Thursday, 21 August 2014

Introducing the REST Debugger....

- or How I helped a friend make his first REST client.

A good friend of mine, had finally decided to do some REAL programming :-D - and had for that purpose purchased a Delphi XE6 - and being relative new to the environment and hadn't looked into Delphi since version 7 - it is my privilege to help him getting started.

I had hoped for a "hello world" scenario, but he actually wanted to try to start off with a REST client against something like Google Translate.


The last time I did a web-service call to a "translation" service - was for a demo, back in 2001-2002 probably using Delphi 6 (introduced SOAP support - as I remember it) and the old BabelFish web-service.

I did a bit of digging and found out that many of the service are either gone or only have paid services - Google also did a cleanup in their many API's a couple of years back and ended making the Google Translate API a paid service - not that it is that expensive - but we where just looking something to play around with. Some web-service provides have test API-keys, which enable you to try out their stuff before you have over your credit card.

But one place to look for web-services is ProgrammableWeb.com (I liked the site better before they where bought by MuleSoft last year - but it is still a very usable site). I also remembered that the online dictionary Glosbe.com had a simple REST API available for free - so that was what we went for.

Doing REST clients in Delphi has been getting easier - starting with just an TIdHTTP component and some manual parsing of request and response, but still easily doable - to the new REST components that wraps the tiresome parts.

I had been using the new REST components, but it wasn't until I attended Jim McKeeth's excellent Developer Skill Sprint about Integrate Cloud Services with the REST/JSON Client, that I noticed the REST Debugger - I disagree on the naming since, as you will see it is more of a wizard used prior to any bugs needs to be debugged - and the name also explains why I hadn't noticed it in the first place - since I don't do bugs - no need for a debugger.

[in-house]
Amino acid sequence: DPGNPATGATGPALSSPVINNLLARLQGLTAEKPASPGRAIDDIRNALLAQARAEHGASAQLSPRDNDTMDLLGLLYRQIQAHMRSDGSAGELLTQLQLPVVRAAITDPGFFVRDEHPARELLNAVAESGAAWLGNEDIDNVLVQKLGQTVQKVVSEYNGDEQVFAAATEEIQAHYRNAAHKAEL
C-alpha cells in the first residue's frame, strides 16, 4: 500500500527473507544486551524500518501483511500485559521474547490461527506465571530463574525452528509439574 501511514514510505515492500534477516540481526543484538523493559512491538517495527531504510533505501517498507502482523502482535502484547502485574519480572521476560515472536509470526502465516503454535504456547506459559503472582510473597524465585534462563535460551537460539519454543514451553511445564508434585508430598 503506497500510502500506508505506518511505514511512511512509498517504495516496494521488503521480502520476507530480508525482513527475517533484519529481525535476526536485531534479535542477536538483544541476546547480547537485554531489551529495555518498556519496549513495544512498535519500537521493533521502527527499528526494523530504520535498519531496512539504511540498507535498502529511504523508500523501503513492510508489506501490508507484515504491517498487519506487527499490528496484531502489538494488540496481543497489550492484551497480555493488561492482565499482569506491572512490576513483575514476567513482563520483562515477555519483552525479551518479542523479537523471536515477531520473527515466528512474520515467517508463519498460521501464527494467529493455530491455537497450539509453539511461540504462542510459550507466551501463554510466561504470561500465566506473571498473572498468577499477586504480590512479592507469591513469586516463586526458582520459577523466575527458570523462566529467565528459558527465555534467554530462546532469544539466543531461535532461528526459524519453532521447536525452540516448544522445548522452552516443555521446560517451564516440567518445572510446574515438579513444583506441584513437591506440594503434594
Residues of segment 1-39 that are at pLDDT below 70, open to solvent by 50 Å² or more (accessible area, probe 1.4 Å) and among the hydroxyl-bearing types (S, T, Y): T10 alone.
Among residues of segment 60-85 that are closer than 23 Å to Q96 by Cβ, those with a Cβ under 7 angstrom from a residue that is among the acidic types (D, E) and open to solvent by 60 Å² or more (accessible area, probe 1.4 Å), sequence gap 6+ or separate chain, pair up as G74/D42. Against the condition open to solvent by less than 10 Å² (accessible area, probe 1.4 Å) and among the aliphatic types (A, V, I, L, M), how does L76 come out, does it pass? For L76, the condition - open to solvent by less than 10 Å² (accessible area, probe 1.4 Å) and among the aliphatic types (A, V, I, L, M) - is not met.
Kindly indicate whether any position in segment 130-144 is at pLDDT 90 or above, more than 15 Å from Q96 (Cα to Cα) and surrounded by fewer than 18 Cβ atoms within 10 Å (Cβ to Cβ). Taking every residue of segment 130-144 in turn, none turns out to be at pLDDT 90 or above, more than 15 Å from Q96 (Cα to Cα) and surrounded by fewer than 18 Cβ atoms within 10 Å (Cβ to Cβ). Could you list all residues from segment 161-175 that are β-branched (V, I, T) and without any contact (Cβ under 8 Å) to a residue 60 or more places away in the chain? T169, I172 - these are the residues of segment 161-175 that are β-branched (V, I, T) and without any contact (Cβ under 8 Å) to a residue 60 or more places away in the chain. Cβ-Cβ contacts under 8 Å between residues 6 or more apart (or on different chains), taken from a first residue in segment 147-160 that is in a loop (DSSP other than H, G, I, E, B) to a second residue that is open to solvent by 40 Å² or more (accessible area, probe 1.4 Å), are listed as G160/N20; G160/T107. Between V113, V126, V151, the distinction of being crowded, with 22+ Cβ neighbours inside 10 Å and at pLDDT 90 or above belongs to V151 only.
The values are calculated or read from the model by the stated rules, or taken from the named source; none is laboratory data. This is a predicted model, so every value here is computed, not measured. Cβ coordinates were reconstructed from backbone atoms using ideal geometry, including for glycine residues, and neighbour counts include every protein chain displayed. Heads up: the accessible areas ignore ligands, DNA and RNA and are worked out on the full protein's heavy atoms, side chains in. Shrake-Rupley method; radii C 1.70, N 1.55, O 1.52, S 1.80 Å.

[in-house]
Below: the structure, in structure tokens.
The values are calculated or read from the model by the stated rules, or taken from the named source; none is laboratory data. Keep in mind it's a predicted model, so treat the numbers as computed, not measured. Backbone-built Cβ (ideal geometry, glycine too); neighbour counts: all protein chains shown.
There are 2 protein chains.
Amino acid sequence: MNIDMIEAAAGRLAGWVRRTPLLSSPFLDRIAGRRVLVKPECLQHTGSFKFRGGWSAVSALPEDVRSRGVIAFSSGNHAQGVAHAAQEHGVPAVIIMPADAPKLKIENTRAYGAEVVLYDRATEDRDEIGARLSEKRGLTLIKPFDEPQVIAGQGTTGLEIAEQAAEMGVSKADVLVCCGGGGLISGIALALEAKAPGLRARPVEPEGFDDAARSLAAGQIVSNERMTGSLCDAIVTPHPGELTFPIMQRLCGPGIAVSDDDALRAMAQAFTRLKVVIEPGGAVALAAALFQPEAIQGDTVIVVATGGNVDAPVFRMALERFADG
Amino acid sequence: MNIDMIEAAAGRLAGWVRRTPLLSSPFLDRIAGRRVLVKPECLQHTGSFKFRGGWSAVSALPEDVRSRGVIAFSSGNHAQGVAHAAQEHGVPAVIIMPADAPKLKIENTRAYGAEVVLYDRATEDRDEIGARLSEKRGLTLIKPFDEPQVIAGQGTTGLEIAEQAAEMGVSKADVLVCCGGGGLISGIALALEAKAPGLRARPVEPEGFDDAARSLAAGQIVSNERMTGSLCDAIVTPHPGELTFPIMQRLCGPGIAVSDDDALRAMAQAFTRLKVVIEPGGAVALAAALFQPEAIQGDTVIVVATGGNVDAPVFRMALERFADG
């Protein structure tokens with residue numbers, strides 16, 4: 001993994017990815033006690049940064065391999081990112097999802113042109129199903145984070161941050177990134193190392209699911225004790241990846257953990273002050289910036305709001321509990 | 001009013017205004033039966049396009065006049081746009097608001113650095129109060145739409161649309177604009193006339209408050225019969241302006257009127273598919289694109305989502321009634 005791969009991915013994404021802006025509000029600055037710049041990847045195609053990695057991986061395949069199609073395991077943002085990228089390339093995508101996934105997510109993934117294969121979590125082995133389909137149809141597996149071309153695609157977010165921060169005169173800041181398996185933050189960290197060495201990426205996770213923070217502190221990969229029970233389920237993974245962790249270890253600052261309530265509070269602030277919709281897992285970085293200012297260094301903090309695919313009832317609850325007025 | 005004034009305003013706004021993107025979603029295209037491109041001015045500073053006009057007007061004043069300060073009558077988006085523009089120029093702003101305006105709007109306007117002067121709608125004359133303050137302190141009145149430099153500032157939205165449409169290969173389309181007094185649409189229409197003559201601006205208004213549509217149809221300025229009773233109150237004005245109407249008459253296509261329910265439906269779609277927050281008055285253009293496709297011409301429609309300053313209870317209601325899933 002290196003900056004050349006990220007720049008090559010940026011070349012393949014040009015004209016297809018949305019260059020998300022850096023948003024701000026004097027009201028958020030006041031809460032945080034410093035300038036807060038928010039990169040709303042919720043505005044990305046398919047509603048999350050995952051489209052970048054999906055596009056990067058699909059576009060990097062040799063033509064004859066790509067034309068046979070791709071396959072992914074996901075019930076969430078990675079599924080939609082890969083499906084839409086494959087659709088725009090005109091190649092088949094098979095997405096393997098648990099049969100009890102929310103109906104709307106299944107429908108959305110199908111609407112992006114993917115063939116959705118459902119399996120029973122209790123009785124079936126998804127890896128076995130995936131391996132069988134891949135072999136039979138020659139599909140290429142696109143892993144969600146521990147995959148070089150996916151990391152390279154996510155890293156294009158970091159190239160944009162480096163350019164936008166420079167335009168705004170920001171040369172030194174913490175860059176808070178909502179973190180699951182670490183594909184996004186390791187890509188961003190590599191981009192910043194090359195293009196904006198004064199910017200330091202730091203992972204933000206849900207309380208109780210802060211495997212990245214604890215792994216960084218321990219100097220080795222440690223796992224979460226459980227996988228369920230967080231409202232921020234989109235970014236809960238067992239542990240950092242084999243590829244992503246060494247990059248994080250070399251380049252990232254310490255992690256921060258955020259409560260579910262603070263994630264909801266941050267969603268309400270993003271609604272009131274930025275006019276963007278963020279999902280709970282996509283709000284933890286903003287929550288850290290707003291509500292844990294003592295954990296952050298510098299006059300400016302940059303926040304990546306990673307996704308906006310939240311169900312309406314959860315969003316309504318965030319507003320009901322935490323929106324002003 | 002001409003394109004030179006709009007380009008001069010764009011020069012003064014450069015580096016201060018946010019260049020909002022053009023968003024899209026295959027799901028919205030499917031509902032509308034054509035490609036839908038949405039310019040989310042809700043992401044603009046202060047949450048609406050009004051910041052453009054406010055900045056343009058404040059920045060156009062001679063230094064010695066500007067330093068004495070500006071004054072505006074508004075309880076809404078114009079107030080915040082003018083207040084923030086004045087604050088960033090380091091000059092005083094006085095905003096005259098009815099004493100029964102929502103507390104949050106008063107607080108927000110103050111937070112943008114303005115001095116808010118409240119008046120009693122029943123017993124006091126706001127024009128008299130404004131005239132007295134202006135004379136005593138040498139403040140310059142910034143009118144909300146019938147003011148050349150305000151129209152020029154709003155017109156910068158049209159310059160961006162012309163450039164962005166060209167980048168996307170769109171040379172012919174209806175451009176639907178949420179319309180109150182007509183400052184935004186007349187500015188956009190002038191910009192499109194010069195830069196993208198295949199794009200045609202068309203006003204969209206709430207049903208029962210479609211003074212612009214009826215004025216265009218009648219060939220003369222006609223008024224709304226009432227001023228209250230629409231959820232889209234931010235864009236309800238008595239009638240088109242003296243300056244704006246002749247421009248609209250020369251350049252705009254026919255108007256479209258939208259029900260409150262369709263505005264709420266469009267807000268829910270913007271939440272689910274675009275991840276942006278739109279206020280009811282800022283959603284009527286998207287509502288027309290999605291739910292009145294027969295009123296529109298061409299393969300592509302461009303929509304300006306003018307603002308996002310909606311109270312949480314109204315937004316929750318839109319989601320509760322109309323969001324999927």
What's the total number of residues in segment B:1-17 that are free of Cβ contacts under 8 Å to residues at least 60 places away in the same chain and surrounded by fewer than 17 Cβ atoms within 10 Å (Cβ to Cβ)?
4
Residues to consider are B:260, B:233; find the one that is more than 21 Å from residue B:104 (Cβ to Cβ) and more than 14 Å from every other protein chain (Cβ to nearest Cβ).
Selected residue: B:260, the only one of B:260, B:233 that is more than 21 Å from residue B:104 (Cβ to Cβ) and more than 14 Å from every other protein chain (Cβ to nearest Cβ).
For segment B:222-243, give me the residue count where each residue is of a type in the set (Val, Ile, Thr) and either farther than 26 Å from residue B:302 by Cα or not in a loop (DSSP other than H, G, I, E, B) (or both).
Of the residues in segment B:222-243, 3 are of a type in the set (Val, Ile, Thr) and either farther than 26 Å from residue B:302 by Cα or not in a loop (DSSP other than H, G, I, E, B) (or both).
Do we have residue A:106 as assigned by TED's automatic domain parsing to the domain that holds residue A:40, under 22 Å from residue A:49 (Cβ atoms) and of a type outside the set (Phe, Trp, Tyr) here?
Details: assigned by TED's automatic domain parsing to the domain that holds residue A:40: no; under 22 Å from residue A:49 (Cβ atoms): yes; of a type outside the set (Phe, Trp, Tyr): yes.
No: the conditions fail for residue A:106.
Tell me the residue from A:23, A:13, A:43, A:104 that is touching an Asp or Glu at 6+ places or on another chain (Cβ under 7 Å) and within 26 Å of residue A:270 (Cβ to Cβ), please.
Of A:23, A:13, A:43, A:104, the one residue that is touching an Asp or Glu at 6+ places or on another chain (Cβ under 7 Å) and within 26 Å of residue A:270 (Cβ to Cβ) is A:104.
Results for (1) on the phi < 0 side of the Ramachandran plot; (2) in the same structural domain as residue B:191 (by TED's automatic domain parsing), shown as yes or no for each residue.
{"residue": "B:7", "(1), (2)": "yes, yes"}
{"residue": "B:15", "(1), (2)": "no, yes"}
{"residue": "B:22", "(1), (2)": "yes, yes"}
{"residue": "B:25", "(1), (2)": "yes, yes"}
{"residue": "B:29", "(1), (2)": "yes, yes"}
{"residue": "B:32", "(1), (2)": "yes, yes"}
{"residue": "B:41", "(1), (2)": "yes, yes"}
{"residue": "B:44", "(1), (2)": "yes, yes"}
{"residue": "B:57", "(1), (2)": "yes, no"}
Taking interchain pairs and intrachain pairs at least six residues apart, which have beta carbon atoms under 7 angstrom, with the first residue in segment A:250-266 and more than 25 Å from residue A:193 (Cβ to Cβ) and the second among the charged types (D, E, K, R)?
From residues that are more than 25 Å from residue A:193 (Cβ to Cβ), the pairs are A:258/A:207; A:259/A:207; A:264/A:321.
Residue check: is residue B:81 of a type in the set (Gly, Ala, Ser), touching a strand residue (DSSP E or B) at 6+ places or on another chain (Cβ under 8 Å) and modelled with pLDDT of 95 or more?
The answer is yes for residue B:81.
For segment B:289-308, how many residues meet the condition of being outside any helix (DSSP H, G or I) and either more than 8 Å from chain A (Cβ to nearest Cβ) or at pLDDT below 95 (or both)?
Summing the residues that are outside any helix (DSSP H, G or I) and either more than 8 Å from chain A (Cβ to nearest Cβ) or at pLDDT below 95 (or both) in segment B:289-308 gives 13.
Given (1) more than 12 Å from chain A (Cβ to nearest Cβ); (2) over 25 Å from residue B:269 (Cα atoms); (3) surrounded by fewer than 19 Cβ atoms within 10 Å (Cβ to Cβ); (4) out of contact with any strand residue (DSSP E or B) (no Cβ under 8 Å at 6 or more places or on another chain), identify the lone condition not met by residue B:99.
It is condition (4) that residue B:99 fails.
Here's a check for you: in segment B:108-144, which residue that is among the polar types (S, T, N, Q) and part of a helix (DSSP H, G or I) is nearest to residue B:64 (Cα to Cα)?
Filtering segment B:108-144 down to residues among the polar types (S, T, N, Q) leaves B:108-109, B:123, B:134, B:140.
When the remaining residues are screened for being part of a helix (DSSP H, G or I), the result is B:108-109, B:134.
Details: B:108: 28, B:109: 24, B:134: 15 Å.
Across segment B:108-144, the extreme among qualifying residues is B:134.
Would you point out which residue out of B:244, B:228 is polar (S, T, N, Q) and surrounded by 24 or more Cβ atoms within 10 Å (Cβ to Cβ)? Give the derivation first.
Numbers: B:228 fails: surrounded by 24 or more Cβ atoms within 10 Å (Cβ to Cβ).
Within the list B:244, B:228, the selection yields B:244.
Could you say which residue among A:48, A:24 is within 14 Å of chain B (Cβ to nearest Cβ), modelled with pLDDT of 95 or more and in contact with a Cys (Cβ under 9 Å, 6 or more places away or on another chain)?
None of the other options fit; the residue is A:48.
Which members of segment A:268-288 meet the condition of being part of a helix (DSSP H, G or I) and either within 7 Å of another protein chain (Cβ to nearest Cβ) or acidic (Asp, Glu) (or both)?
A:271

I haven't used that kind of "artificial" tools since the good old days of Turbo Analyst - not true.

The "Debugger"

The Glosbe API has 3 functions - translate, tm (translation memory) and addTranslation - initially I wanted to go for the translate function - but the response you end up receiving, can have quite a bit of information, so to keep things simple we went for the tm function.

So we started off with a new project (either VCL or FMX), and opened the REST Debugger found under the Tools menu in the IDE.

Based on the info from the Glosbe documentation page, we added the base or endpoint URL as http://glosbe.com/gapi.


On the Parameters tab, we entered the function name as the resource, and the 4 required parameters for the function. Note that the language codes used are ISO 693-3 three letter language codes.


We then did a Send Request, went to the Body tab of the Response section and noted that the part or node we had interest in was the "examples" element, which we then applied as JSON Root Element.


Everything seemed to work, so we actually went to the Tabular Data tab and used the "Copy Components" button, which will put the components you need on the clipboard. Notice that if you are not on the Tabular Data you will not get the TRESTResponseDataSetAdapter and the TFDMemTable (you can of cause add those by hand later if you need them).


The "design"

Closing the REST Debugger and pasting the clipboard content to our empty form, left us only to add a TEdit, a TButton, a TDBGrid and a TDataSource.

After some moving around, alignments, anchoring and property setting we ended up with something like this, after we did a right-click on the TRESTRequest and did an execute - so that we have data in design time:


The TDatasource is connected to the FDMemTable and the TDBGrid is connected to the TDatasource, we could have used live bindings, but I wouldn't go into that on our first session.

The "Code"

The only thing missing was to add some functionality to the button, so on the TButtons onClick event, we changed the "phrase" parameters of the request to the content of the TEdit field. And execute the request.

procedure TForm1.Button1Click(Sender: TObject);
begin
  RESTRequest1.Params.ParameterByName('phrase').Value := Edit1.Text;
  RESTRequest1.Execute;
end;

Done - looking for food examples.


Notes and source

Be aware that the example are using the translation memory function, that grabs various examples of translated usage of the phrase we are looking for - using Glosbe's translate site or the translate function will give you a more "Google translate" experience - but Glosbe has some extra features that I think is nice - like the meanings, examples and audio playback for some words. I guess it is still "Alpha" - but open and community driven.

Also if you would like to look more into the parsing of the more complex JSON response from the translate function, watch Jeff Lefebvre's Skill Sprint from today and look into the use of the TJson class.

This posting was meant as a help for my friend, to describe what we actually did last night - and for others to "discover" the nice REST Debugger.

Source code